My fiancée and I have postponed our wedding once already due to my family’s concerns that she’s an addict. At my insistence, she has stopped drinking but is now using marijuana and says this means she no longer has to attend AA. I can live with the way things are now but how can I be sure she’ll never relapse?
Unfortunately, in a phrase, the answer to your question is: you can’t.
While there is no fail-safe way to know whether your fiancée is completely cured of her addiction (if that’s even possible), there are some ways to know she HASN’T kicked it to the curb, including that she:
Has transferred her addiction to something else. You mentioned that she’s moved from alcohol to marijuana, which is a sign that she’s likely still controlled by her addiction and continues to self-medicate.
Did not quit voluntarily. You mentioned that she stopped drinking “at your insistence”, which makes me think she wouldn’t have done so if you hadn’t required it. She’s aware that her behavior is what’s holding up your wedding plans as well, so there is no guarantee that she won’t simply return to the bottle if you marry.
Is not willing to seek help or go to rehab. Sober people – or people who want to get clean – don’t resist asking for support because they know they can’t do it on their own! That’s why the first of the famous “12 Steps” of Alcoholics Anonymous is:
“We admitted that we were powerless over our addiction – –
that our lives had become unmanageable.”
If she thinks that – just because she’s switched drugs – she is no longer an addict or has to attend AA (or a similar support group), she’s deluding herself or trying to convince you that she’s “healed” when she’s probably just white-knuckling it on her own.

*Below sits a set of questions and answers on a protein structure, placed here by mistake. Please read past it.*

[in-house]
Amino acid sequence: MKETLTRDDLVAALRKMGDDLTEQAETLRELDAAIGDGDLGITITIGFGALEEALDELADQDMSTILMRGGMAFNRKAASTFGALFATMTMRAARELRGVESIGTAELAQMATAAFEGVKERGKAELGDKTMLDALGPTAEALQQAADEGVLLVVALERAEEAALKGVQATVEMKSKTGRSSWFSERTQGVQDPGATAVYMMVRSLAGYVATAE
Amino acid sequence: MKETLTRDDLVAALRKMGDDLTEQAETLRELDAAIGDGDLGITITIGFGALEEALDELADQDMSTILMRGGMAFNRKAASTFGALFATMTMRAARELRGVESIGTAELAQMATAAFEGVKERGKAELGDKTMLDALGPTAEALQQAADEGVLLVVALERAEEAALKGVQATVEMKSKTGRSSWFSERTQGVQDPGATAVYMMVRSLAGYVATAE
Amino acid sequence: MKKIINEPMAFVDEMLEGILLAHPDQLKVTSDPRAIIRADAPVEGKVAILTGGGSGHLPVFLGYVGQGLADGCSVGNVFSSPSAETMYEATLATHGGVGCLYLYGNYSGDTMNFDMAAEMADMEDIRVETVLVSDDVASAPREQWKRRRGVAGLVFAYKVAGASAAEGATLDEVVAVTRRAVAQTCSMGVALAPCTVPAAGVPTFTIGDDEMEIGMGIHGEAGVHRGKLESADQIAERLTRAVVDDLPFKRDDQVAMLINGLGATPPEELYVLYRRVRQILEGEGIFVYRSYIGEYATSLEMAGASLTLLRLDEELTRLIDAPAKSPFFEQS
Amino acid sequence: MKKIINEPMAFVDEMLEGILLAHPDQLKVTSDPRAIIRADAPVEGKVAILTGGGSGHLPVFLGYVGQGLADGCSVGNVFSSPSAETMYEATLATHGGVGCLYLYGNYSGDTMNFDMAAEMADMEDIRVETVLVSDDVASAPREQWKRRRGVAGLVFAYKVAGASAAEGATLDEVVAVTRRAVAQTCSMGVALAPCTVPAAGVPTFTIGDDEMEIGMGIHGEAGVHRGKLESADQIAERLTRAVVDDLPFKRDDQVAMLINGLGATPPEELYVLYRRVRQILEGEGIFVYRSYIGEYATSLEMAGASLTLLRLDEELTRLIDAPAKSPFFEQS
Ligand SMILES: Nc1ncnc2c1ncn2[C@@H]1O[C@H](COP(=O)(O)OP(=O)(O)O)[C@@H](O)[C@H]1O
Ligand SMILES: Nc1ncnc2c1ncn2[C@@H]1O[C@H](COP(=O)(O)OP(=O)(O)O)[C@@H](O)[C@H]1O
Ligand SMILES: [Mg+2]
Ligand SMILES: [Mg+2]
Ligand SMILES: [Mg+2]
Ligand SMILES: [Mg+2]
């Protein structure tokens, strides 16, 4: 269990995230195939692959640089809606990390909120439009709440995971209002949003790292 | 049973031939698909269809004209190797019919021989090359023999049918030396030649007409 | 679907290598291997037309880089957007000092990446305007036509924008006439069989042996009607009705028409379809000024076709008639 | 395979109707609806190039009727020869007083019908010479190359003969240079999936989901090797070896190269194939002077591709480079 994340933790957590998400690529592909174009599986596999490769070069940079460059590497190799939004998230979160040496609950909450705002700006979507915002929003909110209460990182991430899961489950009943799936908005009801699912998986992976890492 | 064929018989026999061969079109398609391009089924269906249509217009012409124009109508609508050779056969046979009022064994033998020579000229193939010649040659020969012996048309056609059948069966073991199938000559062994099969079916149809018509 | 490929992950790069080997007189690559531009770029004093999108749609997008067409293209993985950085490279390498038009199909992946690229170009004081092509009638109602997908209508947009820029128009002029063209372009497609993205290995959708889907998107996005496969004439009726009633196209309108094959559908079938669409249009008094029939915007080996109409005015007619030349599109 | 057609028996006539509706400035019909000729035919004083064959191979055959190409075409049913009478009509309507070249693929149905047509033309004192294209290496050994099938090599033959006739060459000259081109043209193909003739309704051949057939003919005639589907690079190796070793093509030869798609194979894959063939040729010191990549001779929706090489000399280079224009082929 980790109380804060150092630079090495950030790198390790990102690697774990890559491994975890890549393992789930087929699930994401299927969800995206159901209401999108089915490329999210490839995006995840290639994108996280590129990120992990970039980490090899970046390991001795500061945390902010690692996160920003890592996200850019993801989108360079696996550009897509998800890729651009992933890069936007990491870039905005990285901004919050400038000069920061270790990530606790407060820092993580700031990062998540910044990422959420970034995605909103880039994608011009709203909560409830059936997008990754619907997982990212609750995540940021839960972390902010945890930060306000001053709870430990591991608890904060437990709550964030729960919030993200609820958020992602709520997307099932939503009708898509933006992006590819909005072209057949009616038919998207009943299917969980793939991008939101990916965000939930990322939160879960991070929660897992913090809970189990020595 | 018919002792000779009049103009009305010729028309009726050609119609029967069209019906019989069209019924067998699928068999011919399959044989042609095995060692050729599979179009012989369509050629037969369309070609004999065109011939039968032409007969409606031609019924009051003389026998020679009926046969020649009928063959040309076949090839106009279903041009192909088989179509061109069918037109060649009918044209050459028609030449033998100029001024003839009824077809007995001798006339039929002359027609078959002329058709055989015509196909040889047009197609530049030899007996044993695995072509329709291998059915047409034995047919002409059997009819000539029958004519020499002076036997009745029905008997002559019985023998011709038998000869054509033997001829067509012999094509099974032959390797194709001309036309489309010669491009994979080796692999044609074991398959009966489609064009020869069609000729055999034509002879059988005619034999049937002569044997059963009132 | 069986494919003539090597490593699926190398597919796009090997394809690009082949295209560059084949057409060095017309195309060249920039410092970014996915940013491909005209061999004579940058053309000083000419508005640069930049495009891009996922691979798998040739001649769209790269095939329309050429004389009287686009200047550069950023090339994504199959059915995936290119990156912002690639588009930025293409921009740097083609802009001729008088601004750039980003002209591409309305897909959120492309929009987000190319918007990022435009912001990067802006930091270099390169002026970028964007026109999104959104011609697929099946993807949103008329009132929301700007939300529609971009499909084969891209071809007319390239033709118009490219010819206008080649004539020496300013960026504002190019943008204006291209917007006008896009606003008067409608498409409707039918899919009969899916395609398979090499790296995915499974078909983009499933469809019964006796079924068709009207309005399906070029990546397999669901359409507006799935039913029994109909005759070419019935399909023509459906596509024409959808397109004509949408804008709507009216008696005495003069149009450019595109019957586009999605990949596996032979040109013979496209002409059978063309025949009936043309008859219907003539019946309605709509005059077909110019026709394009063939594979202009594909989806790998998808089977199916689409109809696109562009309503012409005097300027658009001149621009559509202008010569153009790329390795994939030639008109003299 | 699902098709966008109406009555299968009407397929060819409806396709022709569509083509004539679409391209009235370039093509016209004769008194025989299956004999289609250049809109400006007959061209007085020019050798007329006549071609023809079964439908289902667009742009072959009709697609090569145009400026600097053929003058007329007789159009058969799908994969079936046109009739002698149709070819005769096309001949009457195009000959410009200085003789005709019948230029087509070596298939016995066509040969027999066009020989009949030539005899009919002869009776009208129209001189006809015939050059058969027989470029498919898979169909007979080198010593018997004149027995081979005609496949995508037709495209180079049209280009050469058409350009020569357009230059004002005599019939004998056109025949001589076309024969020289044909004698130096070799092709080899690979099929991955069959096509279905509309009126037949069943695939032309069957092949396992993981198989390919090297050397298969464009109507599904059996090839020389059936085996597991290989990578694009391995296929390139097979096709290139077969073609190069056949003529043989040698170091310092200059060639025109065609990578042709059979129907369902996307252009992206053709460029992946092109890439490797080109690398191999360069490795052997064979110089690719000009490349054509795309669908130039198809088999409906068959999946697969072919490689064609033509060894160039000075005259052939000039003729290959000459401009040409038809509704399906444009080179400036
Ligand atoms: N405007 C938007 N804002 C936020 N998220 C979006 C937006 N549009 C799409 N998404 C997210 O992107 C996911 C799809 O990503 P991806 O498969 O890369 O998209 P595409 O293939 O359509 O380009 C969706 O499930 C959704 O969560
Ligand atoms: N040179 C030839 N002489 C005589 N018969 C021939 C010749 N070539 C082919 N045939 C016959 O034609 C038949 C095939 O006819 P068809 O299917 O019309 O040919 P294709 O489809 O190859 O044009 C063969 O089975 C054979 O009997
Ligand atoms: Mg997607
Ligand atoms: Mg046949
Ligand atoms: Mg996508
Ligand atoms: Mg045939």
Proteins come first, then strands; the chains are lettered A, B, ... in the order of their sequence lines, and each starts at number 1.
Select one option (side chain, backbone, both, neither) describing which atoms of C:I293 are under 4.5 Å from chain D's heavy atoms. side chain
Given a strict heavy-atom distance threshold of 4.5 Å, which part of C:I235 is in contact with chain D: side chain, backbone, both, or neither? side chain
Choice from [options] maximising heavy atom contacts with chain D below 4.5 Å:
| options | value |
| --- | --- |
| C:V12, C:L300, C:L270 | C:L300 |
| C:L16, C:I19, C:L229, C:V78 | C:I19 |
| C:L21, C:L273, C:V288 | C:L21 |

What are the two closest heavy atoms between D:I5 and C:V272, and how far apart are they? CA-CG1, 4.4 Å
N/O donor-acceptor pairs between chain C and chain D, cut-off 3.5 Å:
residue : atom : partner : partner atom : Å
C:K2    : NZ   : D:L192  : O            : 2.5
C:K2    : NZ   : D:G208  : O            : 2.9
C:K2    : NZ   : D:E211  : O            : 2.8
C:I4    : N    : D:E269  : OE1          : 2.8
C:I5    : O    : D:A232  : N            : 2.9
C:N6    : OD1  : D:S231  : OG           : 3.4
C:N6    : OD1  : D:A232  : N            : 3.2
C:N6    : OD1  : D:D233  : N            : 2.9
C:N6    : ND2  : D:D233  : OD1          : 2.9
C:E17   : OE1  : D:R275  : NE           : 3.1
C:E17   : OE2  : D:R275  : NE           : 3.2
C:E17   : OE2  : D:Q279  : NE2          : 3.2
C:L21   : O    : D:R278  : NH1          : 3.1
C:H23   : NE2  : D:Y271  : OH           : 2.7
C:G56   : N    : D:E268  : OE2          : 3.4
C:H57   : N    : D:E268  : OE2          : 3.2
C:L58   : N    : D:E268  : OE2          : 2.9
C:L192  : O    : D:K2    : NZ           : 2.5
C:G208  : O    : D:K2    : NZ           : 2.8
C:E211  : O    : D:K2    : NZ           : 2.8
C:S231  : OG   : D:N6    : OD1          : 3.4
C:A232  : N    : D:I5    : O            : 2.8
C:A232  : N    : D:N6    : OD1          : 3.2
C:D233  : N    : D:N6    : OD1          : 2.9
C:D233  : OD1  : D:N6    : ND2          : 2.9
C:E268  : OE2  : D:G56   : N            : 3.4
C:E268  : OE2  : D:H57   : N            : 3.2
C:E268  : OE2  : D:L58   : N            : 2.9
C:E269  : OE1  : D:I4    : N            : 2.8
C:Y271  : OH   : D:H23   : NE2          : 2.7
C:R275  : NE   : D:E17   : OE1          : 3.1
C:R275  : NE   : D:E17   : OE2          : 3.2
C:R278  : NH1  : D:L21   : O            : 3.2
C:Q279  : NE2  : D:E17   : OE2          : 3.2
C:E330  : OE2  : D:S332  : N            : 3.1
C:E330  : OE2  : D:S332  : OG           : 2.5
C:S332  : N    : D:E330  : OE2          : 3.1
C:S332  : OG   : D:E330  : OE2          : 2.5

If you’re already married and struggling to create healthy boundaries with an addict
or need to take better care of yourself during their recovery
(or even understand how you may have contributed to their addiction),
check out this article on How to Support a Spouse in Addiction Recovery.
There are many other signs of ongoing addiction. Have you witnessed any of these?
Your fiancée tries to hide her drug use and is secretive about this and other things.
Her drug use has become a central focus of her daily schedule and she works around it.
Other former friends, interests, and activities have fallen by the wayside.
She’s cared less and less about you: your thoughts and feelings and what is going on with you.
Money goes first to make sure she has her drugs, then to other necessities such as food, utilities, rent, etc.
She has distanced herself from everyone – including close family members—who have expressed concern (or set healthy boundaries) related to her drug use.
If you recognize any of the above, I would implore you to both postpone your wedding and to take your engagement off the table altogether until she demonstrates – of her own volition—both a desire and a willingness to face her addiction. Having done through a broken engagement myself, I know how heart-wrenching this decision and the aftermath can be but the only thing worse that this might be to marry someone who will never be a full and healthy partner.
The reason I say this is not only for your sake and the sake of your future family but because people often make significant changes once they get clean. Give yourself a chance to get to know her again – and vice versa – when she’s a new and sober person.
All the best and let us know if we can help.